Thursday, July 21, 2011

EPA criticizes federal plan for roadless forest land in Colorado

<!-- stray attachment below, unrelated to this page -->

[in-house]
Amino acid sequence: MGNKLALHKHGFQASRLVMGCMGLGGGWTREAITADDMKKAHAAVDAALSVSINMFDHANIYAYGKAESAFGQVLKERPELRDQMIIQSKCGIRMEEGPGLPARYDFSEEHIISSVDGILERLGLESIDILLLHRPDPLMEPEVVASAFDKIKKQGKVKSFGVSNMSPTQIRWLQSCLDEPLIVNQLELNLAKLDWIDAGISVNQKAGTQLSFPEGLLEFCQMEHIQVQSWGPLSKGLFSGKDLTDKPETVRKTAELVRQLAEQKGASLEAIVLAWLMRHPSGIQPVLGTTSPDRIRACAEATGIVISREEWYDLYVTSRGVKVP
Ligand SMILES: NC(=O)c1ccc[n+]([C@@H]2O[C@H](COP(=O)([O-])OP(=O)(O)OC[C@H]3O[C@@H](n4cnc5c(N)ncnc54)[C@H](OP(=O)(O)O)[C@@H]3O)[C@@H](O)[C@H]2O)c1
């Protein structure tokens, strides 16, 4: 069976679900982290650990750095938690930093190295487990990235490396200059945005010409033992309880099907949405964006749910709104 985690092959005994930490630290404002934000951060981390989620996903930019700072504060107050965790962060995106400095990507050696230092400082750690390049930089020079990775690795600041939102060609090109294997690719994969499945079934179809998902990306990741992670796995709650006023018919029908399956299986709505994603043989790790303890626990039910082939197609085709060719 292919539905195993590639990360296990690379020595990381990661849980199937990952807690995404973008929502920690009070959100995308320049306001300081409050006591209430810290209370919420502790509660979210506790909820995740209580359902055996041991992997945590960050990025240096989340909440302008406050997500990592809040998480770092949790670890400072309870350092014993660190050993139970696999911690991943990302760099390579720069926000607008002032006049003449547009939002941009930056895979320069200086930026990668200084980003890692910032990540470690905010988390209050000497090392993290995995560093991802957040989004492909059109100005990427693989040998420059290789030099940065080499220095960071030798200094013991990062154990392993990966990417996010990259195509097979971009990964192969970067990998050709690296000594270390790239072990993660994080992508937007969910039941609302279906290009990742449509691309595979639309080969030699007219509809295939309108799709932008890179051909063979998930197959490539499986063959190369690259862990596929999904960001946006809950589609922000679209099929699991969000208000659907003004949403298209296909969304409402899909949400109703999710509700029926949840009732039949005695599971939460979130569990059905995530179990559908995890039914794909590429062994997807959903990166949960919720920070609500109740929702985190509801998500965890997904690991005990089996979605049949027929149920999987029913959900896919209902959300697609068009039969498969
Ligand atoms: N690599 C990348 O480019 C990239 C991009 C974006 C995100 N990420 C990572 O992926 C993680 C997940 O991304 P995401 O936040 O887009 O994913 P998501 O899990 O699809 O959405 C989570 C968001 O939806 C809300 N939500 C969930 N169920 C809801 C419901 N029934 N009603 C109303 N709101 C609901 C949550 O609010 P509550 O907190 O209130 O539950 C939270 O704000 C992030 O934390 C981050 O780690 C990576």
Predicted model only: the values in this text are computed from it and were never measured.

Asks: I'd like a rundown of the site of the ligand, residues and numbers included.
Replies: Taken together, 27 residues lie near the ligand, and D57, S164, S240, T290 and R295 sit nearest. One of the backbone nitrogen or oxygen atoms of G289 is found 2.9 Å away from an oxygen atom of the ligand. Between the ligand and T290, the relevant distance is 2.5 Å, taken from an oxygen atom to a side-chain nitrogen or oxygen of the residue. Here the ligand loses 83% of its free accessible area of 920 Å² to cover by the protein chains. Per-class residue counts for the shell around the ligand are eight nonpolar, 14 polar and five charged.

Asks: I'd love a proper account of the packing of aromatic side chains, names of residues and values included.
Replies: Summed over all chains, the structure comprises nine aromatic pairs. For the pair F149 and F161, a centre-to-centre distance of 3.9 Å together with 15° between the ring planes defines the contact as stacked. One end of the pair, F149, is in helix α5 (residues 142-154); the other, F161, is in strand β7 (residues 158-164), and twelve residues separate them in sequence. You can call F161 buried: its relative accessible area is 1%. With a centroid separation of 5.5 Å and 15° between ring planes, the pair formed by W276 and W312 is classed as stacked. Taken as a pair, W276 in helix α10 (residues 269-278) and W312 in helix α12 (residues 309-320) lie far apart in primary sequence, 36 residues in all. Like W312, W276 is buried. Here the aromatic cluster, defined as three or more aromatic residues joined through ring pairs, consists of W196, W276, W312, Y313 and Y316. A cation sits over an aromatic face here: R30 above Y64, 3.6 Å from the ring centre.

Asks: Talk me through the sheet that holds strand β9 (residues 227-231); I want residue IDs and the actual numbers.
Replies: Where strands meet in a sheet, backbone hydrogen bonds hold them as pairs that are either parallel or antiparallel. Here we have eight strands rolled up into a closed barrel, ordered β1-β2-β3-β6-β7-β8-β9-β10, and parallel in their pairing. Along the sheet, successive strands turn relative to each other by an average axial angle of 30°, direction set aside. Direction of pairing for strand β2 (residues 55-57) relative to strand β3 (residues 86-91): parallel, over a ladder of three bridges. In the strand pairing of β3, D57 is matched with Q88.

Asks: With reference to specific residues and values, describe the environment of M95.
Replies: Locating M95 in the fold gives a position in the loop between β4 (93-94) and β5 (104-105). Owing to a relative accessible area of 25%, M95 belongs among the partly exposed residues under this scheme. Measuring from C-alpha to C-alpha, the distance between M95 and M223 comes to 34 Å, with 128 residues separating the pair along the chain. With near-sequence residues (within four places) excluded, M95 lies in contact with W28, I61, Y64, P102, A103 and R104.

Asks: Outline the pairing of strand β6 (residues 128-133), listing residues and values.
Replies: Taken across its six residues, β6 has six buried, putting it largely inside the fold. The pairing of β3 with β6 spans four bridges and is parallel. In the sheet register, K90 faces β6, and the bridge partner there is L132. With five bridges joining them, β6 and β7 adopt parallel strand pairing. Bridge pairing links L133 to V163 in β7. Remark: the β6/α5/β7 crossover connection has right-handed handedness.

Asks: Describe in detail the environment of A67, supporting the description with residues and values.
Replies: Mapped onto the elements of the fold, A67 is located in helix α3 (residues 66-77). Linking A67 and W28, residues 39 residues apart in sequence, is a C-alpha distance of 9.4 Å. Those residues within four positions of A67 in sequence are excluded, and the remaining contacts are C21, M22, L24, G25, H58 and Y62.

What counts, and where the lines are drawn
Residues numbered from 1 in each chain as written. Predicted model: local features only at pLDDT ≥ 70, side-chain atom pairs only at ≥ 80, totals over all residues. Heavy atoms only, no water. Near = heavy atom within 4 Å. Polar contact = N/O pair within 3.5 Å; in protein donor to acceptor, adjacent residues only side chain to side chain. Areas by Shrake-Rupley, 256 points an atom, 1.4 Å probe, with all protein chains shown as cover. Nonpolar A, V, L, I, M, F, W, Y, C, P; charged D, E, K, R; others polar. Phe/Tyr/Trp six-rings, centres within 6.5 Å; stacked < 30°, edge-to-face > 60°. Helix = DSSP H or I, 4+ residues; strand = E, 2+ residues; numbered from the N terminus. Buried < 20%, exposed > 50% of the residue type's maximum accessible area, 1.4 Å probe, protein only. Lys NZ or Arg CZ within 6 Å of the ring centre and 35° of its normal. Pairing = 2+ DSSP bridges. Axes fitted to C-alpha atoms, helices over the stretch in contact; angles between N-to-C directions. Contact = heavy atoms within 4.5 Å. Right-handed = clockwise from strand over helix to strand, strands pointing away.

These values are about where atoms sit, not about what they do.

The government's latest plan for managing 4.2 million acres of remaining roadless national-forest land in Colorado offers the strictest protection for only about 13 percent of it and makes exceptions for mining, logging and ski-area expansion. Now, in a broad critique of that plan, the Environmental Protection Agency is seeking a much stronger approach. EPA officials have submitted a letter asking the Forest Service to ensure top-tier protection for 2.6 million acres, more than quadruple the current 562,200 acres. The EPA also is recommending measures to reduce greenhouse-gas emissions from coal mining and to prevent harm to wetlands from development around ski areas. "We cannot force them to make these changes," EPA environmental scientist Elaine Suriano said at the agency's headquarters in Washington. "These are things we think are important. Generally, agencies pay attention to what other agencies have to say." Forest Service officials said they'll consider EPA concerns along with those of 55,000 others who submitted comments on the plan. Comments have been collected at federal offices in California...more

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